The vendor handled most of the setup but it's more complex than other systems. We had some issues with setting up our service users with the domain. There is still some complexity with that — with which users have to run which jobs on which servers — because of permission models. That was the only thing that really was complex about the install. Actually installing the application is very straightforward, but the permissions model behind the service accounts is complex.
The complexity is because they allow you to do things in so many different ways. They didn't want to make an out-of-the-box setting for how you do things. Some of it is left up to the user to figure out the best way to handle things. In our case, we decided to use an Active Directory domain user and it was a little more complicated to do that because of security issues.
The installation itself, to where there was a usable product, took about two hours with their support team. Our experience with them during the initial deployment was very good.
After the initial deployment, it took about 10 minutes to automate our first process.
As for our deployment plan, we had all our manual jobs in a checklist and we ranked them all with a complexity rating. While the OpCon support was on site for our implementation and we had their attention, we worked through the more complex issues. After they left, we picked up the low-hanging fruit.
We have absolutely seen ROI. I don't have any way to measure it, but it's probably the most critical system to our organization, after Active Directory and email.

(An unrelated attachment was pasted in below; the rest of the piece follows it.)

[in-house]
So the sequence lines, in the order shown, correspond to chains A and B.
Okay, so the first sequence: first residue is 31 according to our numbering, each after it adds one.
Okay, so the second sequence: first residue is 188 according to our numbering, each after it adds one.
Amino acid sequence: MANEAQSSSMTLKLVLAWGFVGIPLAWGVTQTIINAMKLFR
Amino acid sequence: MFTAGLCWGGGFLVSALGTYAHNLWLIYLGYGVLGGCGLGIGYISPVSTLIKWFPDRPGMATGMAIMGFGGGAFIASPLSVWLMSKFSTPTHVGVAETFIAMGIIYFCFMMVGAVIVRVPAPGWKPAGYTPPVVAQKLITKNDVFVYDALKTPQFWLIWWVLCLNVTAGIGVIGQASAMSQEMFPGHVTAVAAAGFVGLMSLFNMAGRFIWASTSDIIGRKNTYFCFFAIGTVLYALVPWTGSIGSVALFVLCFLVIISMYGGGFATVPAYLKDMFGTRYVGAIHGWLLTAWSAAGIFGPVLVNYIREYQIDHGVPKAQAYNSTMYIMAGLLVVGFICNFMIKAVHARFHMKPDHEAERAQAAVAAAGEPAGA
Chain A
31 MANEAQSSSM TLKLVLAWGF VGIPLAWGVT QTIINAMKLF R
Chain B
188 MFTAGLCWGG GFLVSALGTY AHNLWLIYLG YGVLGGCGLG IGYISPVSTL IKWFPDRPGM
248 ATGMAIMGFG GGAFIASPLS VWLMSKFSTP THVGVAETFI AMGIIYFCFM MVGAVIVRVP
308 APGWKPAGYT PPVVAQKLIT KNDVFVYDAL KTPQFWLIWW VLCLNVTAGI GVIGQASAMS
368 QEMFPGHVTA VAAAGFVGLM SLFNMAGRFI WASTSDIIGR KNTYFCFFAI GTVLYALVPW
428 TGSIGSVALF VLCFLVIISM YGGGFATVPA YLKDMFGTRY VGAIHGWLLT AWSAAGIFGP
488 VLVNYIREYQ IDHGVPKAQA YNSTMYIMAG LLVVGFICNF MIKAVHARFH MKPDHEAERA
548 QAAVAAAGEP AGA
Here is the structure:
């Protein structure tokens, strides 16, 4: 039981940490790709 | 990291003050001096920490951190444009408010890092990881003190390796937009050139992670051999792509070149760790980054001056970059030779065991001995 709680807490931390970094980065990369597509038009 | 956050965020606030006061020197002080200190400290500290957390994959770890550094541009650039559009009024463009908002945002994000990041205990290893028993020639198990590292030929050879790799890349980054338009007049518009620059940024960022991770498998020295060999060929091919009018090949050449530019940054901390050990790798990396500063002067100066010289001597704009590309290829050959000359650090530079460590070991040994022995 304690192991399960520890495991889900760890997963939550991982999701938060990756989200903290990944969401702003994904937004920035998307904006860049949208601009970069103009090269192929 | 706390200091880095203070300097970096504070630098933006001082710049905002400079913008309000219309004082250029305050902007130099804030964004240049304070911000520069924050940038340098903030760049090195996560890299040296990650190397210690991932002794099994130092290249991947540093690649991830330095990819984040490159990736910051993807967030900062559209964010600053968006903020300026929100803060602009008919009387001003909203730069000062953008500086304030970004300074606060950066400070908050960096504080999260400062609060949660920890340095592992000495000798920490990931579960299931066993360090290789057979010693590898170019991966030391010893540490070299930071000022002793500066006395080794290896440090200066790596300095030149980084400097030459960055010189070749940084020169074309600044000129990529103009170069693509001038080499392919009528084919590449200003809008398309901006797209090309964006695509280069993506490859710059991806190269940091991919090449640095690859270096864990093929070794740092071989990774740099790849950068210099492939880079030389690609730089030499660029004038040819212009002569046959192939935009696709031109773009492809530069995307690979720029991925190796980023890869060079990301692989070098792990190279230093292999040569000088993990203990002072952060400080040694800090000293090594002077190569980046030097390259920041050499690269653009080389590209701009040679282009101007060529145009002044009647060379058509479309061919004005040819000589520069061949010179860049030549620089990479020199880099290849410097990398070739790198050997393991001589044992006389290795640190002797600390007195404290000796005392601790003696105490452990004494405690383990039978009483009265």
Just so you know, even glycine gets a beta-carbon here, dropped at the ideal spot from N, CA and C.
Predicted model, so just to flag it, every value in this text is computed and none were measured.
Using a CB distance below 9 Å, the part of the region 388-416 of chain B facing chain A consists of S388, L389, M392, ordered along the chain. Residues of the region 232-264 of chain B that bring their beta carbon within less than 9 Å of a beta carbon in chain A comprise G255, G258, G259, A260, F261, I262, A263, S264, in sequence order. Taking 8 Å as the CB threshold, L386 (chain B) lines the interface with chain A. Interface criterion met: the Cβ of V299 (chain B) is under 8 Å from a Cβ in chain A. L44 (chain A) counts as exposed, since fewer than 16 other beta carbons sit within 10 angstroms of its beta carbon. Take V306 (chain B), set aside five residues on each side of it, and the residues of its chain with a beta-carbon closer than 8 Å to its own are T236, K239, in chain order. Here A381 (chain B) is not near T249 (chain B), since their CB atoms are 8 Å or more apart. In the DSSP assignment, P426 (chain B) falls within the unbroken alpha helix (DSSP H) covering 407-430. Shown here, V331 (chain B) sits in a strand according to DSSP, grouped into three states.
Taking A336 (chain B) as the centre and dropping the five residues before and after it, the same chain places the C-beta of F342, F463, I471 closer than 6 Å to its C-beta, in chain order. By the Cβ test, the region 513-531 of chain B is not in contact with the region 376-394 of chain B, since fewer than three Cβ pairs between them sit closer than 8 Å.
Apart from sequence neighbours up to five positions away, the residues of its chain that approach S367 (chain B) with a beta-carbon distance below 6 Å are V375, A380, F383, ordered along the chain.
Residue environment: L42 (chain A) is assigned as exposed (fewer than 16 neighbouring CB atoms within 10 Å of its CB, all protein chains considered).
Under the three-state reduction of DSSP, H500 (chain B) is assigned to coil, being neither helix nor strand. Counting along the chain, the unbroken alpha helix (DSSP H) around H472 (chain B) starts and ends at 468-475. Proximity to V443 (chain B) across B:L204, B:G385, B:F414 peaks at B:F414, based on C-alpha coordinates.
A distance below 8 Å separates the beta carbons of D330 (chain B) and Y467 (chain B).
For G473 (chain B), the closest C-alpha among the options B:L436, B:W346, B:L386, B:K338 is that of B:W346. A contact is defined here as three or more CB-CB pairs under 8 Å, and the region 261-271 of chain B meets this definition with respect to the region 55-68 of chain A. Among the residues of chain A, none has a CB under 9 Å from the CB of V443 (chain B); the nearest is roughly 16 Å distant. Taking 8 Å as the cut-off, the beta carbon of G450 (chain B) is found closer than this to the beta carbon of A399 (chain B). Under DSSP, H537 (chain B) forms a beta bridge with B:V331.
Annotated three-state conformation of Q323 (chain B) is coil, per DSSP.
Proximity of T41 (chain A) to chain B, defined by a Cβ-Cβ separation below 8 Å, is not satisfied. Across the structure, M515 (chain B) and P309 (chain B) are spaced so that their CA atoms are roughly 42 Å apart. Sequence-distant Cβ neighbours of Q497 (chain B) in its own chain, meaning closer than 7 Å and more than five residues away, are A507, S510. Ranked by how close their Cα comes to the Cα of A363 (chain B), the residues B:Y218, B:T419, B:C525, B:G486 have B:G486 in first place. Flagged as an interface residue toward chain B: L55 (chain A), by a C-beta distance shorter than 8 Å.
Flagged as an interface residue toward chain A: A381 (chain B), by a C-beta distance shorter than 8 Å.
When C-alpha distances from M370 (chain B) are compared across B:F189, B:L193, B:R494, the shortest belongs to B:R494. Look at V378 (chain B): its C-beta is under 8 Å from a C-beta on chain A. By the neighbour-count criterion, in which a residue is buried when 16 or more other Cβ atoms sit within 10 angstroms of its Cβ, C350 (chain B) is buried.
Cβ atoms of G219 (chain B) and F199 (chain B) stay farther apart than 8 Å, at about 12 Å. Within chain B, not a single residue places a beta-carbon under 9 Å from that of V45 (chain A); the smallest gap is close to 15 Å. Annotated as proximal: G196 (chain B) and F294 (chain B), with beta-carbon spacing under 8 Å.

Yearly, we're paying about $62,000. OpCon has an all-inclusive feature and module license, but you pay per task. We have a 500 daily task count. Recurring tasks only count once. There are only additional costs if you want consulting hours for working on new projects. I think that cost is $250 per hour, a pretty standard consulting rate.
We evaluated one other solution, but I don't recall its name.
My advice would be to definitely involve the business units early in the process and get them all onboard, because you don't want to buy a tool that the business isn't ready for. They should be involved in process mapping.
The biggest lesson I've learned from using OpCon is not really about the tool itself, but more from going through the process and mapping with other departments. There's a lot of room or potential for OpCon, because the users in your company are definitely doing more manual processing than you could ever imagine. It made us realize how much manual work we are doing. It put eyes on that. We became hyper-aware of everything going on and would say, "Oh yeah, let's put that and that in OpCon". That went on nonstop for two years.
It's ongoing. We're still definitely growing the tool. There's always new stuff. Some teams were a little apprehensive at first and now they're more interested in it. When you talk about automation, it's always about someone's fear of being replaced by a machine. That wasn't the case with the core team for the critical pieces. All of those teams were willing to move their stuff because of availability and the criticality of what they were doing. They realized that automating it was a good move.
In our company, OpCon is primarily run by the IT department. The only other team that interfaces with the tool is accounting, and they use the Self Service feature. We have 12 users using OpCon on a regular basis. There are two people in IT who maintain it.